We then switched to the question-and-answer period.
My first question was, “What’s a blow job?” It was reluctantly explained with moderate disgust.
“Next question,” Mom prodded.
“What do homosexuals do?” I asked.
Her eyes widened and her jaw dropped ever so slightly. She stood up.
“I’m going to go fix a drink,” she said. “I’ll be right back.”
She returned shortly, dark brown cocktail in one hand and Take the High Road in the other.
She took a swig of her drink and sat back down.
“I bought you this book,” she said, handing me the diversion.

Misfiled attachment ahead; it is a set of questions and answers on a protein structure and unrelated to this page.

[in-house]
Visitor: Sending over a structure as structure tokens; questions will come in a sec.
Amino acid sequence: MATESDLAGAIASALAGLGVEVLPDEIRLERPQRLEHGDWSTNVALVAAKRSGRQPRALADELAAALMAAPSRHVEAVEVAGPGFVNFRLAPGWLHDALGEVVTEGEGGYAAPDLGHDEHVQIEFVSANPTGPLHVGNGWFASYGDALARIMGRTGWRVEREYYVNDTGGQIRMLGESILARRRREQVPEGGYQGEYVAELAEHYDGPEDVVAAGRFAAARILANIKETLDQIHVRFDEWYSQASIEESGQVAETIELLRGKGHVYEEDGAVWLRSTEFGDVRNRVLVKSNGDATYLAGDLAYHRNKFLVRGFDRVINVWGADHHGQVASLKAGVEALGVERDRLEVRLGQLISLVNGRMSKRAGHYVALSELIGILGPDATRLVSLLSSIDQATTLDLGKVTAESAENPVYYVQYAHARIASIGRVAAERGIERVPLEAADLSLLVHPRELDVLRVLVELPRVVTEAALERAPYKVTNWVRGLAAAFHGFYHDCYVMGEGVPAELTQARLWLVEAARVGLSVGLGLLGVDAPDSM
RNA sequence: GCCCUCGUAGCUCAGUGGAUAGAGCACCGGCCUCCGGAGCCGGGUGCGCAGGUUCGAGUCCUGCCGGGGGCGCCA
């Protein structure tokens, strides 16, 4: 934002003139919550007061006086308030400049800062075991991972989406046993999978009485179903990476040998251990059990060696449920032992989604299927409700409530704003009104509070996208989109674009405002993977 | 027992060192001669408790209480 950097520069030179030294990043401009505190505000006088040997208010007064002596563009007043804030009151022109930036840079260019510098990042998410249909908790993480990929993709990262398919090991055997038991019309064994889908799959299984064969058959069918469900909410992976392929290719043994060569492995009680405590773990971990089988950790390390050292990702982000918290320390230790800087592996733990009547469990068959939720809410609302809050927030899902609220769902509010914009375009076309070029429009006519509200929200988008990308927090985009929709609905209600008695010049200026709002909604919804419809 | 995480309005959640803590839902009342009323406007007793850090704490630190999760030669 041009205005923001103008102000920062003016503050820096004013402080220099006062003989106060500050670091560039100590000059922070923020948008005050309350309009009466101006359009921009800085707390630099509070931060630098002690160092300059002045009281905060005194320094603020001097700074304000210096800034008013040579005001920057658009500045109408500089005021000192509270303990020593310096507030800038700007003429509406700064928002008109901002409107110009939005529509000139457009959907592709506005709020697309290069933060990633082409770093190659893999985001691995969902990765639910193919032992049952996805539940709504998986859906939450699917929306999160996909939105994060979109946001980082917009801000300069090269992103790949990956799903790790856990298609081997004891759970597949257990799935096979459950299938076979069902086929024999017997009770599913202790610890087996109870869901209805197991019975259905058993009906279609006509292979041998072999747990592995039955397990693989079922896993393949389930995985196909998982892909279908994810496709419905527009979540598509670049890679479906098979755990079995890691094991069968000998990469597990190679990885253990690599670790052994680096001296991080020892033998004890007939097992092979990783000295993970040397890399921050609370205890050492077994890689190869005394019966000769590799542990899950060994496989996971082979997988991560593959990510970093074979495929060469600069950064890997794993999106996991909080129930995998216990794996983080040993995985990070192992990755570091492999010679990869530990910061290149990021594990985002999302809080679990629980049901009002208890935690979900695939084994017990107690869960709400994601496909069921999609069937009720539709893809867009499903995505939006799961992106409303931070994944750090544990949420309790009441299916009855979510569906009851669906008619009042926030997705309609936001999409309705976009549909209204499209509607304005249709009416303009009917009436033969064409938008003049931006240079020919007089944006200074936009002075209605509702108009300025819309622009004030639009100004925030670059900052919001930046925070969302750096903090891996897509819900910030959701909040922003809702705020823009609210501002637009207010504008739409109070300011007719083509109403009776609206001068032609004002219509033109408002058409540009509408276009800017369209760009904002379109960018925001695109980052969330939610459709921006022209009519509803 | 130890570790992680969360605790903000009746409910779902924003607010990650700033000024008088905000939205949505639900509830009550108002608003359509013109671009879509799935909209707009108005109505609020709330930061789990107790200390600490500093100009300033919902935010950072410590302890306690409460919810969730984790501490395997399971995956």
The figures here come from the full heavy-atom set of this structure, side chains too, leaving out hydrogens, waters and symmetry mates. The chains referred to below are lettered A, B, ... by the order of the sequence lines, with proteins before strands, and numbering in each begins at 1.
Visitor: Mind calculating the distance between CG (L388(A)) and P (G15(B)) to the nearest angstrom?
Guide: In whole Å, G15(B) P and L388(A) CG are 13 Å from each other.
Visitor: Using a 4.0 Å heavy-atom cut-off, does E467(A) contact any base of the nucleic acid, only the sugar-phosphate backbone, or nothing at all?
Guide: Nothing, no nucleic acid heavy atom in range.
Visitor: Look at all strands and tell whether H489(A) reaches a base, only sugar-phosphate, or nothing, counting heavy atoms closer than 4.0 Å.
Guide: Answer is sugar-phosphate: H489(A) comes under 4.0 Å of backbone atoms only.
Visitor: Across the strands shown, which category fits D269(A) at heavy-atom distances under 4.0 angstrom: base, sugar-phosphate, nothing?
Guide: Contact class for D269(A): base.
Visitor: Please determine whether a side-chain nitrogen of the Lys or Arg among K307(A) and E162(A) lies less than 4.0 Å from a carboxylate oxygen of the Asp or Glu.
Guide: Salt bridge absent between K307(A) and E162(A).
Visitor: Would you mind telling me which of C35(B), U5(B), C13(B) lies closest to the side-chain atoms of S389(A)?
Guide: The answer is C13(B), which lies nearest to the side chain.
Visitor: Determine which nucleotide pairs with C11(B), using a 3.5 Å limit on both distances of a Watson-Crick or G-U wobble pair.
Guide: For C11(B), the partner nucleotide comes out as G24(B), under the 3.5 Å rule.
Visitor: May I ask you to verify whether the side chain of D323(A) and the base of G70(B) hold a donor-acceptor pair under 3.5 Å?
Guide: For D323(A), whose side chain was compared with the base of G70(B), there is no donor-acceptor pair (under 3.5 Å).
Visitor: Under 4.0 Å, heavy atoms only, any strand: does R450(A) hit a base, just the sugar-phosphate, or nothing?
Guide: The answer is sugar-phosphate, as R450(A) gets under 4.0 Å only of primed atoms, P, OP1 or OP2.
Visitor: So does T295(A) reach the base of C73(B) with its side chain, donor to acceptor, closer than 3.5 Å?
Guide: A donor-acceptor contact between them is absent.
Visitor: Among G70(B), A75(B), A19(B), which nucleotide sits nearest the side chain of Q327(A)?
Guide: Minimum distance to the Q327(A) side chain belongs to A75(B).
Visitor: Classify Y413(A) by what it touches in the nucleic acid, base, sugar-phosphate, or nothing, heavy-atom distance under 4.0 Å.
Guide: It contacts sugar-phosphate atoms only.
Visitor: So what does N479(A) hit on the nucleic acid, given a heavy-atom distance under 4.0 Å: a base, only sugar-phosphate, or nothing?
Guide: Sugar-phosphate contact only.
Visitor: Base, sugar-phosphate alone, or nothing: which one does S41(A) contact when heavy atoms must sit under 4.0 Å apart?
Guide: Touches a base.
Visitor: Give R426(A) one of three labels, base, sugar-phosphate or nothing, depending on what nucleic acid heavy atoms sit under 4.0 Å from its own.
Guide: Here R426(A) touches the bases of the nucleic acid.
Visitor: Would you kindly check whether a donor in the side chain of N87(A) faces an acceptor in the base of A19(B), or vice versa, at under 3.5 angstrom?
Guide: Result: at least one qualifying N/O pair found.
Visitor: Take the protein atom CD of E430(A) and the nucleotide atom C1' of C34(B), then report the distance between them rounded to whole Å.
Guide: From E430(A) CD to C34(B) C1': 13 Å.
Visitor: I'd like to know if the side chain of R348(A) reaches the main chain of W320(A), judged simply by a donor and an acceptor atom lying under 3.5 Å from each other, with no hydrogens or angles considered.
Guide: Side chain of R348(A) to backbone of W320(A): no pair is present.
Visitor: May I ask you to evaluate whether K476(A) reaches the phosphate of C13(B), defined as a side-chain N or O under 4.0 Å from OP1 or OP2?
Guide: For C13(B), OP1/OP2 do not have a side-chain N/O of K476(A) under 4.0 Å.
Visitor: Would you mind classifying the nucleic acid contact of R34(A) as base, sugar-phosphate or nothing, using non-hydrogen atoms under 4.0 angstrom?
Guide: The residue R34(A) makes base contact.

Tossing it aside, I said, “Thanks. So, what do homosexuals do?”
“How do you know about homosexuals?” she asked.
“Everyone knows about that. I just want to know what they do.”
“Why?” she asked.
“Because it’s one of my questions. You’re the one who asked me to write down all my questions and said you’d answer them all.” Sheesh. It was like pulling teeth.
Eventually she told me what homosexual men and lesbians did to each other.
I was so excited. I couldn’t wait until Monday so I could tell Joe that women could get blow jobs.
But only from other women.